It started as a charming tourist phenomenon – Lovers, mostly tourists, engrave their name on a padlock and attach it to the fence along each side of the Pont des Arts, the old footbridge connecting the Institut de France and the Louvre, then throw the key into the Seine below. What could be more romantic?

Couple looking

Will they or won’t they? A couple surveys the locks, with the Louvre in the background

There is not yet a law against it. But the law that governs anything and everything — the Law of Unintended Consequences — is enforcing itself with a vengeance. There are so many locks on the bridge railings that some have collapsed. The market has attracted lock vendors, themselves a form of pollution, and the crowds are dense. And engraved names are a thing of the past. Now, think Sharpie. And there are so many locks you can no longer see through the fencing, or find places for new ones. So creative lovers have started expanding the lock frontier. The other day I found several of them on a trash can.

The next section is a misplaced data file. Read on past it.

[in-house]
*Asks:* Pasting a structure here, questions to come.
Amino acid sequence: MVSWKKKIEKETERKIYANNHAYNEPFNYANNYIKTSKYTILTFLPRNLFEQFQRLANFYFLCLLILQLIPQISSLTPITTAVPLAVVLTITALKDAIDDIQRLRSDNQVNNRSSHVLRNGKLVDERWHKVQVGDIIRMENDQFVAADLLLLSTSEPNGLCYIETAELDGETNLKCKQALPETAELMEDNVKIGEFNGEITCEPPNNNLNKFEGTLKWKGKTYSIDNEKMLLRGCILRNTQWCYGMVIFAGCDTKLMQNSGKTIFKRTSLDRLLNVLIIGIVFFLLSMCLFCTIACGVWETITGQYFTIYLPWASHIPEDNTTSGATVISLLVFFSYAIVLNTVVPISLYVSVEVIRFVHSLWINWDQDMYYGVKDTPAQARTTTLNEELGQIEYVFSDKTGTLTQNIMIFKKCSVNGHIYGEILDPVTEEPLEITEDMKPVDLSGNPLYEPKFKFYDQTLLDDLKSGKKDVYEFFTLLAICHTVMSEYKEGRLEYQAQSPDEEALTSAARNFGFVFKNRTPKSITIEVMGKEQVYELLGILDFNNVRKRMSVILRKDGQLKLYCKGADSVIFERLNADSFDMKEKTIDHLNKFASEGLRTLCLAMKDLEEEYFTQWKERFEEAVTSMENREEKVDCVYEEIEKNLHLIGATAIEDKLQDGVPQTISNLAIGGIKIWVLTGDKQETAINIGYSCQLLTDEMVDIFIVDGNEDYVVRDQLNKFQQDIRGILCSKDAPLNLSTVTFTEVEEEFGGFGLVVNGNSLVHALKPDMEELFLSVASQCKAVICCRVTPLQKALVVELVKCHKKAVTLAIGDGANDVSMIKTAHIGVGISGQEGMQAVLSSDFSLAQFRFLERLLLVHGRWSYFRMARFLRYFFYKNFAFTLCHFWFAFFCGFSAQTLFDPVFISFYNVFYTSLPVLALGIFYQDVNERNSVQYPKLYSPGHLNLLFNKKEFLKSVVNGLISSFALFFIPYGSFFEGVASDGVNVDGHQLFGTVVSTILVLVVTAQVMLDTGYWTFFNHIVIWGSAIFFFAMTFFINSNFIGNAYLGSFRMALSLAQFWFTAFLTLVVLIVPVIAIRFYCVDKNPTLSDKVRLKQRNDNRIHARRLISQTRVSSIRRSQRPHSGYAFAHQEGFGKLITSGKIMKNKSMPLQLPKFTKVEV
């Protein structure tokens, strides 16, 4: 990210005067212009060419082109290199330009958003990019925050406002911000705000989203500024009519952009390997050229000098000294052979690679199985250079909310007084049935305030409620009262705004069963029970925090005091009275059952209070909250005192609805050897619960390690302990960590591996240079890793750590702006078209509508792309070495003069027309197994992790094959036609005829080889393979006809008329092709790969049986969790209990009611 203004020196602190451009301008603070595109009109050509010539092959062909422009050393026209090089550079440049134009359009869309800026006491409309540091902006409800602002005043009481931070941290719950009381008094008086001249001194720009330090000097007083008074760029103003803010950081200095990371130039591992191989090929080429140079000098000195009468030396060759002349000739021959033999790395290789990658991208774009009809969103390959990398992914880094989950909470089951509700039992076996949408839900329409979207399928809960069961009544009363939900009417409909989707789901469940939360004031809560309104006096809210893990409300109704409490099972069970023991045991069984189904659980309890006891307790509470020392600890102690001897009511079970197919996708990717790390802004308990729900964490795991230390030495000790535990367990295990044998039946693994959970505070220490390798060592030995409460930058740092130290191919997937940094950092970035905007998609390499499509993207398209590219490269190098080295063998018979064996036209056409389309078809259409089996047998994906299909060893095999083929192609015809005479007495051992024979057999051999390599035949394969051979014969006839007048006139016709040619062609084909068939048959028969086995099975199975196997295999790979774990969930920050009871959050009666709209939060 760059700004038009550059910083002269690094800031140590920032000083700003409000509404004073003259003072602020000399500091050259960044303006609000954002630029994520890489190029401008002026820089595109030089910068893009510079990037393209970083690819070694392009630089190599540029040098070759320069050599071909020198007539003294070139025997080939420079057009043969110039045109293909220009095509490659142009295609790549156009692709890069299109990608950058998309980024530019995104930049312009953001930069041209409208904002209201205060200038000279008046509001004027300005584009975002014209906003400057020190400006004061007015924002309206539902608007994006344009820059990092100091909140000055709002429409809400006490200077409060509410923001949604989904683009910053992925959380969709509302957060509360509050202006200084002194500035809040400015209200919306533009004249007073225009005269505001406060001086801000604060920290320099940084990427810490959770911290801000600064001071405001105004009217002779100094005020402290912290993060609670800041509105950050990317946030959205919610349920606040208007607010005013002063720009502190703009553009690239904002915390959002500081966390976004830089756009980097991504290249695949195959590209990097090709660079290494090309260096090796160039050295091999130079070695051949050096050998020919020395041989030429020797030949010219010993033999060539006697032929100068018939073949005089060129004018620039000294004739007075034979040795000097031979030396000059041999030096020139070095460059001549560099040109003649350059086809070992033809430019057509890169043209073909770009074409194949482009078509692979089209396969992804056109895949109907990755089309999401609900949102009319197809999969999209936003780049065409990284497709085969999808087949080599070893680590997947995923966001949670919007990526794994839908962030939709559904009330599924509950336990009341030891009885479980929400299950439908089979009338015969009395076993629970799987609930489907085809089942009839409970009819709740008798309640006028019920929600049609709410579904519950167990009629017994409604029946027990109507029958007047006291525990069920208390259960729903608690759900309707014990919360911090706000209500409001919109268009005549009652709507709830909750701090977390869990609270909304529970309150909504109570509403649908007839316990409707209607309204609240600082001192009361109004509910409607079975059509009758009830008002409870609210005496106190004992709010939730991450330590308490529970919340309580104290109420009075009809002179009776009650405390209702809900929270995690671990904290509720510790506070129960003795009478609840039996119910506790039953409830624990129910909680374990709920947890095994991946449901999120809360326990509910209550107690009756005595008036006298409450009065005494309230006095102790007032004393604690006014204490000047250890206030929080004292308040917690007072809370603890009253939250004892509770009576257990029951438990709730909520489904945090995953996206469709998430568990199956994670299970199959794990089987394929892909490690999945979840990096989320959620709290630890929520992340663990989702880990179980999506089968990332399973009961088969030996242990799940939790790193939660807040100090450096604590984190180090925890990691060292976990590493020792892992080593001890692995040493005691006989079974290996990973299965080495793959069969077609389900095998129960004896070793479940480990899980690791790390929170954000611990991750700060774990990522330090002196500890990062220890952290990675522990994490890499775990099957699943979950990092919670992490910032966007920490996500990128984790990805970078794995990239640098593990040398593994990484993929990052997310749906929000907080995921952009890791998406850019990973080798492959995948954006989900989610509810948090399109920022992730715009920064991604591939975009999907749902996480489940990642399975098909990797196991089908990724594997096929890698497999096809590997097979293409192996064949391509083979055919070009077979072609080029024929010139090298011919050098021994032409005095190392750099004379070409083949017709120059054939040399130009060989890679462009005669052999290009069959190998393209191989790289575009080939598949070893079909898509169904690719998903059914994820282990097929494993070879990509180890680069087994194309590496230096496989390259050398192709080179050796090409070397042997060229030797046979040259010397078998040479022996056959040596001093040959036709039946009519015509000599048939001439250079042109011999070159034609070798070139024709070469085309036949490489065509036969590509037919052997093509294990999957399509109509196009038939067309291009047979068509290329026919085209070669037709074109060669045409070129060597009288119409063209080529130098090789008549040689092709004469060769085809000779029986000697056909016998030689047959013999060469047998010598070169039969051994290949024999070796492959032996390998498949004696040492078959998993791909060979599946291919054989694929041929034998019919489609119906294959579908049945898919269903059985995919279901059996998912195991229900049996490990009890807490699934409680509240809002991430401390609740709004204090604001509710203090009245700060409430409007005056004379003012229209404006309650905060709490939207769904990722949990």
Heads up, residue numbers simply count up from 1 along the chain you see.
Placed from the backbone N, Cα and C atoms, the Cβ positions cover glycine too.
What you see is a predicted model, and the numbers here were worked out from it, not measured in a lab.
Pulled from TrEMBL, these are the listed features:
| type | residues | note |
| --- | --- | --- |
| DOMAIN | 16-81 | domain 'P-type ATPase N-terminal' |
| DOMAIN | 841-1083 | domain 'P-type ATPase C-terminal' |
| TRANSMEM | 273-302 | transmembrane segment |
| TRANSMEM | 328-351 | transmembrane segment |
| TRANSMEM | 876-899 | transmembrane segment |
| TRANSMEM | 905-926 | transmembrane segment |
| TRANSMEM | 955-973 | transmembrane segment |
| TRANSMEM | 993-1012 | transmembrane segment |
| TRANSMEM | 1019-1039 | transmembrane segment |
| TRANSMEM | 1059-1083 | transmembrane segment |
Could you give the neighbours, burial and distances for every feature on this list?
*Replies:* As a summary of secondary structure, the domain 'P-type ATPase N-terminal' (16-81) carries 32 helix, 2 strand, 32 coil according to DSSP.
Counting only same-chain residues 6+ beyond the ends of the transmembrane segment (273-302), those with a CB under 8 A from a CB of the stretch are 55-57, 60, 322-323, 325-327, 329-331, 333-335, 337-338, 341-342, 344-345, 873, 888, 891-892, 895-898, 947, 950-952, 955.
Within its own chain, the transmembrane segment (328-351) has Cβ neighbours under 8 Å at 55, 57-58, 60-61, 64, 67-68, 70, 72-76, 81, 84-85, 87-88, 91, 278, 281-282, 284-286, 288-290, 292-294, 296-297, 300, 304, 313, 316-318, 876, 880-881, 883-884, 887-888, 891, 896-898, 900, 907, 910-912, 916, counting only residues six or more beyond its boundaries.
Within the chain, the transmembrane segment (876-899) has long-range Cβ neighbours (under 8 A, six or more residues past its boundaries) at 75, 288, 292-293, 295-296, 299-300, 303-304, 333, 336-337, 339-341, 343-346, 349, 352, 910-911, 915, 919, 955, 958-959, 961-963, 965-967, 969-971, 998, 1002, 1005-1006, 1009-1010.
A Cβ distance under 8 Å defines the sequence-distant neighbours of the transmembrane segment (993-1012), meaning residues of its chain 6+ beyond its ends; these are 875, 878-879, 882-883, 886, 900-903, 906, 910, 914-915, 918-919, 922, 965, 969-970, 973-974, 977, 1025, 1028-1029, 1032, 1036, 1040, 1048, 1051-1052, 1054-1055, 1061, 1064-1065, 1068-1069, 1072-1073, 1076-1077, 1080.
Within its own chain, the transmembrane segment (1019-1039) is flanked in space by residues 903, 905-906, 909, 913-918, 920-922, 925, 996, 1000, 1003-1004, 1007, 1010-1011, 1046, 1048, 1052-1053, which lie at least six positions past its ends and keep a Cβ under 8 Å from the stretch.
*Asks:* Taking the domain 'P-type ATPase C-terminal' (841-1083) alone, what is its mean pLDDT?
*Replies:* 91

Trash can

No room on the railing? Lock up the poubelle

The city is doing its best to discourage new locks. Most recently, it has covered several parts of the railing with plywood and encouraged lovers to sign and take a selfie, or maybe just take a selfie.

Sign plywood

This couple got the word

Where to put the next lock?

Dense locks

Locks, locks, locks

Some interesting links

Rude Baguette

Love locks collapse bridge rail, from BBC, with a nice video that sets the scene.

Are love locks on the bridge romantic or a menace?  BBC

Weight of love too much for the bridge, from Deutsche Welle

The anti-lock movement on Twitter: #LoveWithoutLocks

The anti-lock movement in Paris:

(Photos by John Pearce)